With a lack of public acknowledgement from the Roosevelt Administration, U.S. public opinion was not aroused. This, Feingold believes, convinced "men like Goebbels that the Allies approved or were at least indifferent to the fate of the Jews."
Goebbels's line of thinking was not too far from the truth. Even when eyewitness accounts from Auschwitz reached the U.S. Department of War and some in the Roosevelt Administration were pushing for the bombing of the death camp or at least the railways leading to it, the word came down that air power could not be diverted from vital "industrial target system." It was claimed by American military planners, according to Feingold, that Auschwitz was "beyond the maximum range of medium bombardment, diver bombers an fighter bombers located in [the] United Kingdom, France or Italy."
After the war, it was common knowledge that Allied bombers passed within five miles of Auschwitz in August 1944.
In March of 1943-a year in which the U.S. admitted only 23,775 immigrants into the country, the lowest figure in eighty years-Frida Kirchway, editor of The Nation, summed up the situation succinctly: "In this country, you and I, the President and the Congress and the State Department are accessories to the crime and share Hitler's guilt. If we behaved like humane and generous people instead of complacent cowardly ones, the two million lying today in the earth of Poland . . . would be alive and safe. We had it in our power to rescue this doomed people and yet we did not lift a hand to do it."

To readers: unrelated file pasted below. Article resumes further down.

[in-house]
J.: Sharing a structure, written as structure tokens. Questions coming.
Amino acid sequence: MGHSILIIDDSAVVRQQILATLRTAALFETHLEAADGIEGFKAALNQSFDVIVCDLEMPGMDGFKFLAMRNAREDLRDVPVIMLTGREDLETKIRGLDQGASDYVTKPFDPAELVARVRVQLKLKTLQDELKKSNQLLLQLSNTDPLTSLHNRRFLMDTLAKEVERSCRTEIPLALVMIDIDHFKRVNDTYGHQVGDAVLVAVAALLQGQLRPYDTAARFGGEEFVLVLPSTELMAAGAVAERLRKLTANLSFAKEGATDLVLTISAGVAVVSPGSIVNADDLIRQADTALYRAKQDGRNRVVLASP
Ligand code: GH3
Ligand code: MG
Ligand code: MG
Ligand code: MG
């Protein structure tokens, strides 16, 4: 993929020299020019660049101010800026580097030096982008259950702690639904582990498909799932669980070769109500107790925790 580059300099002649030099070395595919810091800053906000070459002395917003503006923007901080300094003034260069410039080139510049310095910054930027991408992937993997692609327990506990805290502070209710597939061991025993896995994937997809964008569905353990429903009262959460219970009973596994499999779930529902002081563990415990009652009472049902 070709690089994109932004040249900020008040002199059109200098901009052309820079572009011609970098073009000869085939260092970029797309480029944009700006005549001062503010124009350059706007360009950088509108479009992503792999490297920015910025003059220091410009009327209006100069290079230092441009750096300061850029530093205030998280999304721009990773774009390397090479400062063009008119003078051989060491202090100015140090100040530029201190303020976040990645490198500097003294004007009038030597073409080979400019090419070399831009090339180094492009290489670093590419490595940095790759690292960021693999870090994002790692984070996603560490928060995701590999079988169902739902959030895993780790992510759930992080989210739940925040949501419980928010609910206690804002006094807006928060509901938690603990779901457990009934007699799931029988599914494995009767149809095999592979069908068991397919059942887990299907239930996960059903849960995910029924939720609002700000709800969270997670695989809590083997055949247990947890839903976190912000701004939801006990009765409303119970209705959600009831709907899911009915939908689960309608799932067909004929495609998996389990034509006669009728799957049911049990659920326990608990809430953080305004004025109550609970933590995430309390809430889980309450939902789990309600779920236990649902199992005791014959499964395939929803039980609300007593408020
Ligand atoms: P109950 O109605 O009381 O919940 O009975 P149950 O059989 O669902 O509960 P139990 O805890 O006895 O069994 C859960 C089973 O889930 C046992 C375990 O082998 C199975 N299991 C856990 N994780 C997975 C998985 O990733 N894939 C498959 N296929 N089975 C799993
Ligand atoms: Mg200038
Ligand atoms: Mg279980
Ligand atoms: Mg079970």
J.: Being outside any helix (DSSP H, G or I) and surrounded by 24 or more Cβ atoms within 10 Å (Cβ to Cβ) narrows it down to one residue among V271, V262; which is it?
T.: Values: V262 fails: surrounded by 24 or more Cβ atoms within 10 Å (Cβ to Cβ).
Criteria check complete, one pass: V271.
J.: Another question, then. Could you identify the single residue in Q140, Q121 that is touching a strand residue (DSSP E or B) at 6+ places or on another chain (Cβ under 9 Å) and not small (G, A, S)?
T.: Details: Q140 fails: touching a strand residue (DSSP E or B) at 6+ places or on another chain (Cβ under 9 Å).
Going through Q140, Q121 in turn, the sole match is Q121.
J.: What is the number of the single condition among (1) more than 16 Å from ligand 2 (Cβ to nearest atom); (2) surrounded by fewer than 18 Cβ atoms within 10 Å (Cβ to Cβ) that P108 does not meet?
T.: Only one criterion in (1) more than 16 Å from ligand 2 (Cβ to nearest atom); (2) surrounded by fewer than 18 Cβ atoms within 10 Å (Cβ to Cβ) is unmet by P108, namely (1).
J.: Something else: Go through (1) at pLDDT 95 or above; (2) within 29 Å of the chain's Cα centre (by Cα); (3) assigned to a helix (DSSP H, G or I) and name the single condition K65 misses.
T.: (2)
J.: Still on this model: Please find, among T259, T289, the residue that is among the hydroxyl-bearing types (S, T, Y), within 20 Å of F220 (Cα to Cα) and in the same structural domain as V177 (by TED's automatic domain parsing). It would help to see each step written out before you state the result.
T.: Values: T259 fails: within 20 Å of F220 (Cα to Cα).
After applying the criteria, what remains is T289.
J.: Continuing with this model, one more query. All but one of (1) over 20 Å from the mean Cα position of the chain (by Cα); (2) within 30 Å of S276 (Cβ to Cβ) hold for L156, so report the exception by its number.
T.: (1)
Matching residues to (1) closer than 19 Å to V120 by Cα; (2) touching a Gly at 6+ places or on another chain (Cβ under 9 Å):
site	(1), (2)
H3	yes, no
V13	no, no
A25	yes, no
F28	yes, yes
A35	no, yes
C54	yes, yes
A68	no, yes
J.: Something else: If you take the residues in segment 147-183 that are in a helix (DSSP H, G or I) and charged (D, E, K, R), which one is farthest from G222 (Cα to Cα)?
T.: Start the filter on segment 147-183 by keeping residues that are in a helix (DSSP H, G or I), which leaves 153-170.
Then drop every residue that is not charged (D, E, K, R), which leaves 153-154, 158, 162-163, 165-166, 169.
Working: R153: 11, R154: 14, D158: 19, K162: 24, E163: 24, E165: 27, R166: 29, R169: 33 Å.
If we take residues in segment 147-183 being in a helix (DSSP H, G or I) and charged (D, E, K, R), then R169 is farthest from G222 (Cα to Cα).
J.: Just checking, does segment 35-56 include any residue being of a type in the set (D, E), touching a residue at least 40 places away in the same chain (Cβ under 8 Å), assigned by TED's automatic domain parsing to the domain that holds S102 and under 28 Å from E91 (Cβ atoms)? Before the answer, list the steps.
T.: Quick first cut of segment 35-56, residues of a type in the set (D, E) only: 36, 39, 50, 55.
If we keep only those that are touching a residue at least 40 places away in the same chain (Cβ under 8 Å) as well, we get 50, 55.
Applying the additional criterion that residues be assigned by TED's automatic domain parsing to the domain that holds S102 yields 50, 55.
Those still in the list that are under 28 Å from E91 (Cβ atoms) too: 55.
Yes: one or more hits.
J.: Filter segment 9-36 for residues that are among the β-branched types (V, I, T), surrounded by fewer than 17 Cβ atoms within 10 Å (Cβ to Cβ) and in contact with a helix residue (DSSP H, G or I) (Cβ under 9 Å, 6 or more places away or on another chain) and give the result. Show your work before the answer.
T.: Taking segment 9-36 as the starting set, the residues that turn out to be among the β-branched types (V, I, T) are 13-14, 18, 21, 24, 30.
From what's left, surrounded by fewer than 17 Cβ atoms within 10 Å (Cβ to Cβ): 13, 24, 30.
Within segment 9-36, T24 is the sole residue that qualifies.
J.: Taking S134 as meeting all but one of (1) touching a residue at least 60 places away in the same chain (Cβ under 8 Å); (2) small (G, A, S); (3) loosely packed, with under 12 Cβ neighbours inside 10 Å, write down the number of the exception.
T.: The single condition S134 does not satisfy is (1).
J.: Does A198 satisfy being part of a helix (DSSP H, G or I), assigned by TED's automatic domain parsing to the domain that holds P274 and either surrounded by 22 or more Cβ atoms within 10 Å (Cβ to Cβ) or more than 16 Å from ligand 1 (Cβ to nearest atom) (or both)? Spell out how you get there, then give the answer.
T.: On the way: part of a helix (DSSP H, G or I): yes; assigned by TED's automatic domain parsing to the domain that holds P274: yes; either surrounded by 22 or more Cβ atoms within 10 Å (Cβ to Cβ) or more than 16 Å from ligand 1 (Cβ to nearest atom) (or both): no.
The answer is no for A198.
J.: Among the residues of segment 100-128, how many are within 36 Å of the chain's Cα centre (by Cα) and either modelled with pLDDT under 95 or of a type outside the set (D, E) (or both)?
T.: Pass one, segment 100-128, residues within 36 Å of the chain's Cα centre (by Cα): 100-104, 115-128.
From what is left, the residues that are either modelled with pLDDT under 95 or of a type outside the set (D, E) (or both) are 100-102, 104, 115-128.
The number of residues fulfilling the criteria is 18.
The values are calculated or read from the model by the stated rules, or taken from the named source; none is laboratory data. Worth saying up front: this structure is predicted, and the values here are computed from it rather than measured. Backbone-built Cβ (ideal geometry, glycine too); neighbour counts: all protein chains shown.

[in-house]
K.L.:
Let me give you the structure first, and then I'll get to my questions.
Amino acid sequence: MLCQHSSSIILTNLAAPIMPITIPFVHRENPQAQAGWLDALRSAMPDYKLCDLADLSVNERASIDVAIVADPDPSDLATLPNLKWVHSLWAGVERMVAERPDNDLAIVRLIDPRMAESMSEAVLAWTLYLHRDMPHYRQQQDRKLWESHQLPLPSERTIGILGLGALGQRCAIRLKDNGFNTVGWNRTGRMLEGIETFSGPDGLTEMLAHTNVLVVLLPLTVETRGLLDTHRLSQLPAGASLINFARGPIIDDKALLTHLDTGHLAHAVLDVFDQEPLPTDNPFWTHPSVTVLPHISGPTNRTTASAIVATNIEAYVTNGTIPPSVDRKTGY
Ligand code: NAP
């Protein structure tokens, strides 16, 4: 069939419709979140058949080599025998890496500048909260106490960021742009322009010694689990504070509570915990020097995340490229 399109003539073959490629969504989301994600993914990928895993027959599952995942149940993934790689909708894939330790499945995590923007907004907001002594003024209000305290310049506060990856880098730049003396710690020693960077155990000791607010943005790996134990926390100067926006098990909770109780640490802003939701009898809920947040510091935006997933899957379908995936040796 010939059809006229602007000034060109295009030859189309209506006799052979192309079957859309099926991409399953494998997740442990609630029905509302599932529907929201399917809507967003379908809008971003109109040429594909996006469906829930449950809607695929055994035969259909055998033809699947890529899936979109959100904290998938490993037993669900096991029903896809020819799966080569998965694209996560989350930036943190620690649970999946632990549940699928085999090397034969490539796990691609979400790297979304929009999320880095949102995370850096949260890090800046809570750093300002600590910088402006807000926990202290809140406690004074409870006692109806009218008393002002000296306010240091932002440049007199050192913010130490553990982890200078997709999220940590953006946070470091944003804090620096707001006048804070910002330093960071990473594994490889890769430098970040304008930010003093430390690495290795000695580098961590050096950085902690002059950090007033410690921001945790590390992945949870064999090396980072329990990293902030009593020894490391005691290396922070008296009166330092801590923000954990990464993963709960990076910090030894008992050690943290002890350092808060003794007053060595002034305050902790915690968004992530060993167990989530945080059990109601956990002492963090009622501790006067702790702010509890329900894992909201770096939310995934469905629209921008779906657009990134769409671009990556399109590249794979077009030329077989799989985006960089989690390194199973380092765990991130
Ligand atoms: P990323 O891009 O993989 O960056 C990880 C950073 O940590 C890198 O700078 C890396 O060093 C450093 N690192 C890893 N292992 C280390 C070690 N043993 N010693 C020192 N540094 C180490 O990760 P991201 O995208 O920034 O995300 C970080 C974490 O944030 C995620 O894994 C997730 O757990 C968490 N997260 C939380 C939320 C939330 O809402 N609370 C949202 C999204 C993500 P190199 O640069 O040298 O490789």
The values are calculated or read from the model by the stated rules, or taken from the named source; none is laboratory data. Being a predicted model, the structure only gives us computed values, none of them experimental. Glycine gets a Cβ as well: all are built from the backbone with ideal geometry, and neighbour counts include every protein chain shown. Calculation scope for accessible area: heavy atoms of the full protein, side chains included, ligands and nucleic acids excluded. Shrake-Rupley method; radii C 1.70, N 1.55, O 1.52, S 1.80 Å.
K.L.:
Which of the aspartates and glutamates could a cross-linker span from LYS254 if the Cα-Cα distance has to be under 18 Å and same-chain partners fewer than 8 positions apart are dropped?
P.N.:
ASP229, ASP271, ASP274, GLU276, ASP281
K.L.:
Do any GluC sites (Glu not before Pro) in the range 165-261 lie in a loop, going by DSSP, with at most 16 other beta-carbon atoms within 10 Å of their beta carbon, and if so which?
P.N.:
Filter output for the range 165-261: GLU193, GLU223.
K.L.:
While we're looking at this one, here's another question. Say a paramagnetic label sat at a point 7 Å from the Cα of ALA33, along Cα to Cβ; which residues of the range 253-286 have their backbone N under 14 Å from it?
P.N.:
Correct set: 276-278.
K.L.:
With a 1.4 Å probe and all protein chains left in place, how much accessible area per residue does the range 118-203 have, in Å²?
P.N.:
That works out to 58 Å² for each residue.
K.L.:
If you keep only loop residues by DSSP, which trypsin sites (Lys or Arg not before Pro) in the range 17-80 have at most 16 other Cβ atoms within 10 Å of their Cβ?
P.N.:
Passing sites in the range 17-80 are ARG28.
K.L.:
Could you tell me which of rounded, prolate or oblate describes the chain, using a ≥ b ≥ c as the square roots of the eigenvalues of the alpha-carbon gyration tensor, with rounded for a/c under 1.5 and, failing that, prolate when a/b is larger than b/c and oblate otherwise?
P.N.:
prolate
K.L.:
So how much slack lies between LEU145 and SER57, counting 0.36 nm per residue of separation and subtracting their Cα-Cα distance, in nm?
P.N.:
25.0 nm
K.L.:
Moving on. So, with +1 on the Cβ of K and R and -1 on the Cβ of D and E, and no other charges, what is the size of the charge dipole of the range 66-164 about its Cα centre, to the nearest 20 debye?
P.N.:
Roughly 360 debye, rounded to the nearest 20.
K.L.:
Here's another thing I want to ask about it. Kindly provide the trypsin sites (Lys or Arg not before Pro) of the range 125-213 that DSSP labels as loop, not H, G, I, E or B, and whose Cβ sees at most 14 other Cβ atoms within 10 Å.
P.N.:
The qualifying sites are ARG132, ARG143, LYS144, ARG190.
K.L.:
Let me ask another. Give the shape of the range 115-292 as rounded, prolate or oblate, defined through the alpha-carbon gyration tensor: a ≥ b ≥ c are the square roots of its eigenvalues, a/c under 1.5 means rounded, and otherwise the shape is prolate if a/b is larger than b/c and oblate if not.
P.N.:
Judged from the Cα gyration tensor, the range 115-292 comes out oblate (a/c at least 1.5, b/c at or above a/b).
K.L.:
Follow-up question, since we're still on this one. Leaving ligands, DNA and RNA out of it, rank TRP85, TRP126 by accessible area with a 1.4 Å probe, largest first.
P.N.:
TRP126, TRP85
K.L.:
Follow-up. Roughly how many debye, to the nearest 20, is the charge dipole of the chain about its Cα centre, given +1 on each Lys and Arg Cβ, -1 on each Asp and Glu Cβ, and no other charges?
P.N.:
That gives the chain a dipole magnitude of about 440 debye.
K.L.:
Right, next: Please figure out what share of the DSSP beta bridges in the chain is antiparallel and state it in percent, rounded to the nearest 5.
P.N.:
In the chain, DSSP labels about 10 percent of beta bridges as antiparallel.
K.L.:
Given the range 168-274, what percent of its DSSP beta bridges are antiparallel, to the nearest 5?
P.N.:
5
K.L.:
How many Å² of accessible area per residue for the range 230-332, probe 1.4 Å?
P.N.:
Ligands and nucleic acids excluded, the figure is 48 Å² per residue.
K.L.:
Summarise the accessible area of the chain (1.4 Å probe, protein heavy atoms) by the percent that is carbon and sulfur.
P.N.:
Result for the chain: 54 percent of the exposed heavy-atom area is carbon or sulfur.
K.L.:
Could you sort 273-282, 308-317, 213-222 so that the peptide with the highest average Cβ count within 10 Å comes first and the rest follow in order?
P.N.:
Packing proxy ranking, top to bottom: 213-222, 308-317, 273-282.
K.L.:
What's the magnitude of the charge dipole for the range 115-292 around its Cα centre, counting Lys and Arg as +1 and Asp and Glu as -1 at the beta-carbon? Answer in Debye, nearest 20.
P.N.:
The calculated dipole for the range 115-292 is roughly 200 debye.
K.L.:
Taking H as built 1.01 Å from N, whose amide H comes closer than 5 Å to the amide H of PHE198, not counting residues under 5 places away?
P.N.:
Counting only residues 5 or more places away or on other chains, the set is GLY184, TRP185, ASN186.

When attempting to calculate the inherent goodness of the Allies in terms of their response to the Nazi Holocaust, one cannot ignore the post-war behavior of the Allied nations-in particular, the United States. For example, three months after V-E Day, radical journalist I.F. Stone reported that "many of the Jews and former slave laborers of the Nazis [were] living in the same concentration camps, fed a diet 'composed principally of bread and coffee,' still clothed in hideous concentration-camp garb or, even more ignominiously, in S.S. uniforms left behind by their oppressors."
Dubya is right when he talks about "the need for people to resist evil." But he's wrong to cite the Holocaust as an example and he is only able to do so thanks to half a century of historical cleansing and social conditioning.
In April 1943, an editorial in the London New Statesman and Nation contemplated the legacy of Allied indifference to the victims of the Nazi Holocaust, predicting "when historians relate this story of extermination, they will find it, from first to last, all but incredible."
That editorial writer was far too optimistic.
Mickey Z. is the author of Saving Private Power: The Hidden History of "The Good War", soon to be re-released in paper by Soft Skull Press (www.softskull.com) on which this article is based. He can be reached at: firstname.lastname@example.org.